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 Adding Smart Switch with GFCI Outlet Question
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RJK23
Starting Member

USA
4 Posts

Posted - 01/11/2020 :  09:45:55 AM  Show Profile  Reply with Quote
My first post . . .

I have an existing outdoor 110v circuit with multiple outlets. The first outlet on the circuit is a GFCI outlet located in the garage. The circuit exits the garage and the remaining outlets are outside in various locations. I want to add a WI-FI smart switch (Belkin WEMO Switch Gen2) so the outside outlets can be controlled with a smartphone schedule, e.g., holiday lighting.

Where should the smart switch be located in the circuit? Between the source electrical panel and the GFCI outlet (upstream from GFCI), or between the GFCI outlet and the first outside outlet (downstream from GFCI)? The smart switch would be in the garage protected from the weather. I’ve inquired multiple places including Belkin, but no success in getting clarification.

Thanks,


Tfitzpatri8
Administrator

USA
10829 Posts

Posted - 01/11/2020 :  10:05:50 AM  Show Profile  Reply with Quote
Doesn’t the switch comply with code in either location? In that case, it just needs to be protected from the weather, either inside or in a weatherproof box.

The Wemo uses WiFi signals exclusively for communications, so you need a good router and reliable WiFi coverage wherever you install it. You might want to find a phone app that can confirm WiFi signal strength and possible interference from neighbors’ signals before installing.
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RJK23
Starting Member

USA
4 Posts

Posted - 01/11/2020 :  10:55:24 AM  Show Profile  Reply with Quote
quote:
Originally posted by Tfitzpatri8

Doesn’t the switch comply with code in either location? In that case, it just needs to be protected from the weather, either inside or in a weatherproof box.

The Wemo uses WiFi signals exclusively for communications, so you need a good router and reliable WiFi coverage wherever you install it. You might want to find a phone app that can confirm WiFi signal strength and possible interference from neighbors’ signals before installing.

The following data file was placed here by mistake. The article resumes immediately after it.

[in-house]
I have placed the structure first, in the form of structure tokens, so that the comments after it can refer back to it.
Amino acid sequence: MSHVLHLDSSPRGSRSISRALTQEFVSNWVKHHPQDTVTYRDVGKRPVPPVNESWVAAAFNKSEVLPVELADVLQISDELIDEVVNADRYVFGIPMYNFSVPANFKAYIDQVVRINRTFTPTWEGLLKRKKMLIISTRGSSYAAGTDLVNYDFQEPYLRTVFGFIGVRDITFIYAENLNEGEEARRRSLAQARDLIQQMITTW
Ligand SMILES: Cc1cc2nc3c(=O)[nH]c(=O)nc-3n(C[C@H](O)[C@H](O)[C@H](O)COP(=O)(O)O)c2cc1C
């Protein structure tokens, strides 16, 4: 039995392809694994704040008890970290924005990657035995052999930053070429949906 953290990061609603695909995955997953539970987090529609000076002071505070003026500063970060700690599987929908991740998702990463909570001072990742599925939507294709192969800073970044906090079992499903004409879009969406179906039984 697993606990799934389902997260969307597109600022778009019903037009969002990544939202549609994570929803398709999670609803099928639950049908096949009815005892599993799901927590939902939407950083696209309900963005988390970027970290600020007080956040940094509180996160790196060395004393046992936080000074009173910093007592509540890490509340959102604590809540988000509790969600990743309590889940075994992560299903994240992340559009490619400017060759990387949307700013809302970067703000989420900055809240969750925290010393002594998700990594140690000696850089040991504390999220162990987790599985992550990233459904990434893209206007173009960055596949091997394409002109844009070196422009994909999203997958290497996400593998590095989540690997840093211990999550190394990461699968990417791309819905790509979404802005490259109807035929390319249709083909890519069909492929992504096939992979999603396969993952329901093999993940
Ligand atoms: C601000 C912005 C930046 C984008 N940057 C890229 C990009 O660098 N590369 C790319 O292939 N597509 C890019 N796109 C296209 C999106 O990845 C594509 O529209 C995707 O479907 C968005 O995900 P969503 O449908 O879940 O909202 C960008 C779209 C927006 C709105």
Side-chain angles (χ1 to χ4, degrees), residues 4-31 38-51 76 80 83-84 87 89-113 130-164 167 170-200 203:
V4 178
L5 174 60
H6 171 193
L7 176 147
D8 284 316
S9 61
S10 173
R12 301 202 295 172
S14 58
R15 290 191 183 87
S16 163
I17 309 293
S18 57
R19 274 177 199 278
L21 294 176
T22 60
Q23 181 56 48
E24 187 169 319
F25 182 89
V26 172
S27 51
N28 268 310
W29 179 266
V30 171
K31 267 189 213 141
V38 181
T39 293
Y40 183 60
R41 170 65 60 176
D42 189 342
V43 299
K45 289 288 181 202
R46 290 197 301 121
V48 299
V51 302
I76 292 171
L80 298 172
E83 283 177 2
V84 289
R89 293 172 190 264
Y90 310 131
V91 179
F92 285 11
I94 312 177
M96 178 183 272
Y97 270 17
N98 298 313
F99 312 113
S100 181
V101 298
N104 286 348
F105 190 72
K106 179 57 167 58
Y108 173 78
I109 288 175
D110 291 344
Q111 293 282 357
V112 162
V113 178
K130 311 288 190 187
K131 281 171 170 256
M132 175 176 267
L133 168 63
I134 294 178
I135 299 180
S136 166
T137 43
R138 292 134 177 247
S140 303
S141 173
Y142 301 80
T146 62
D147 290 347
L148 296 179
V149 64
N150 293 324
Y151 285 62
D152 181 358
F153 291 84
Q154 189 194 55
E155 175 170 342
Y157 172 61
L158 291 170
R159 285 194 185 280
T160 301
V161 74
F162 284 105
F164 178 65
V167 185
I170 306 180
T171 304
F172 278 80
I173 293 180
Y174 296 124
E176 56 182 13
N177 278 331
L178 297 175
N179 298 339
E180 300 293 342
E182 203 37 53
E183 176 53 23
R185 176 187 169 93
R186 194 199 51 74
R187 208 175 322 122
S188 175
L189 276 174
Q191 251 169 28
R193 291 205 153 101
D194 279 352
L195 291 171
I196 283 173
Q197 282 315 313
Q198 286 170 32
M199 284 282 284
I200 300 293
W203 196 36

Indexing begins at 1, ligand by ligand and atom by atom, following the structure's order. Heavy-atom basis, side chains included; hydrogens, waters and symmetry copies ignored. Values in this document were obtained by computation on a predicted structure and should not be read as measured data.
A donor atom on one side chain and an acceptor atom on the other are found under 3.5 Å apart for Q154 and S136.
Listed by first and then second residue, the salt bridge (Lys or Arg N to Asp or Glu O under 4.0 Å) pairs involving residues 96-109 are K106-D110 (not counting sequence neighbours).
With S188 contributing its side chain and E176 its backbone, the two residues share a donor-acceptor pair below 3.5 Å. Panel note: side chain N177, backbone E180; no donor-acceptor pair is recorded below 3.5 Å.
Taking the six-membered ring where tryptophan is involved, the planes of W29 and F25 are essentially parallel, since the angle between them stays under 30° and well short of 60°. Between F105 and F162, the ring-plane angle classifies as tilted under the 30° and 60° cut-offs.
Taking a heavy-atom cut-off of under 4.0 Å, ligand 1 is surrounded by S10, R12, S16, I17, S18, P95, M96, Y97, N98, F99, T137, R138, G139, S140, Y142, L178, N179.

Thanks, I checked the wi-fi signal with my phone and it looks pretty good. I have mesh wi-fi routers and my coverage is strong. As far as switch location in the circuit, it may not matter, but I'm trying to determine if there is a best practice. Upstream or downstream from the GFCI outlet is the question.
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Tfitzpatri8
Administrator

USA
10829 Posts

Posted - 01/11/2020 :  11:44:20 AM  Show Profile  Reply with Quote
Personally, I would install on the protected side of the GFCI. That way everything is protected from wiring faults (including faults resulting from accidental impact). It’s also more intuitive, since you shouldn’t need to turn on your Christmas lights any time you want to use an outlet inside your garage.

Are any electricians reading? What do you think?
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RJK23
Starting Member

USA
4 Posts

Posted - 01/11/2020 :  2:28:55 PM  Show Profile  Reply with Quote
quote:
Originally posted by Tfitzpatri8

Personally, I would install on the protected side of the GFCI. That way everything is protected from wiring faults (including faults resulting from accidental impact). It’s also more intuitive, since you shouldn’t need to turn on your Christmas lights any time you want to use an outlet inside your garage. Are any electricians reading? What do you think?
Thanks, it also makes sense to me to install the switch on the protected side of the GFCI for the reasons you stated. I also found another website with a Q&A section that suggested that if you wanted a conventional switch on circuit with a GFCI outlet, the GFCI should be upstream of the switch. Barring any contrary advice, I'll have it installed that way and report back. Thanks for your timely and helpful comments.
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oberkc
Moderator

USA
4094 Posts

Posted - 01/11/2020 :  4:45:25 PM  Show Profile  Reply with Quote
I am not an electrician, but I can tell you that I have switches controlling outside devices, and the switches (located inside) are NOT GFCI protected, but the outside receptacles ARE. The house was built in 1992 and, I assume, code compliant at that time. Still, I dont think it would hurt anything were the switch protected. I think current code may include GFCI breakers, where everything on that circuit is protected.
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RJK23
Starting Member

USA
4 Posts

Posted - 01/11/2020 :  5:48:56 PM  Show Profile  Reply with Quote
quote:
Originally posted by oberkc

I am not an electrician, but I can tell you that I have switches controlling outside devices, and the switches (located inside) are NOT GFCI protected, but the outside receptacles ARE. The house was built in 1992 and, I assume, code compliant at that time. Still, I dont think it would hurt anything were the switch protected. I think current code may include GFCI breakers, where everything on that circuit is protected.

Thanks, if I understand what you are saying, the GFCI protection is downstream of the switch in your exterior circuit. Is your switch a smart switch, or conventional? If the latter, I could see where it matters less to protect it than if it would if it were a smart switch.
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oberkc
Moderator

USA
4094 Posts

Posted - 01/14/2020 :  09:10:41 AM  Show Profile  Reply with Quote
Switch is smart now. I swapped it out.
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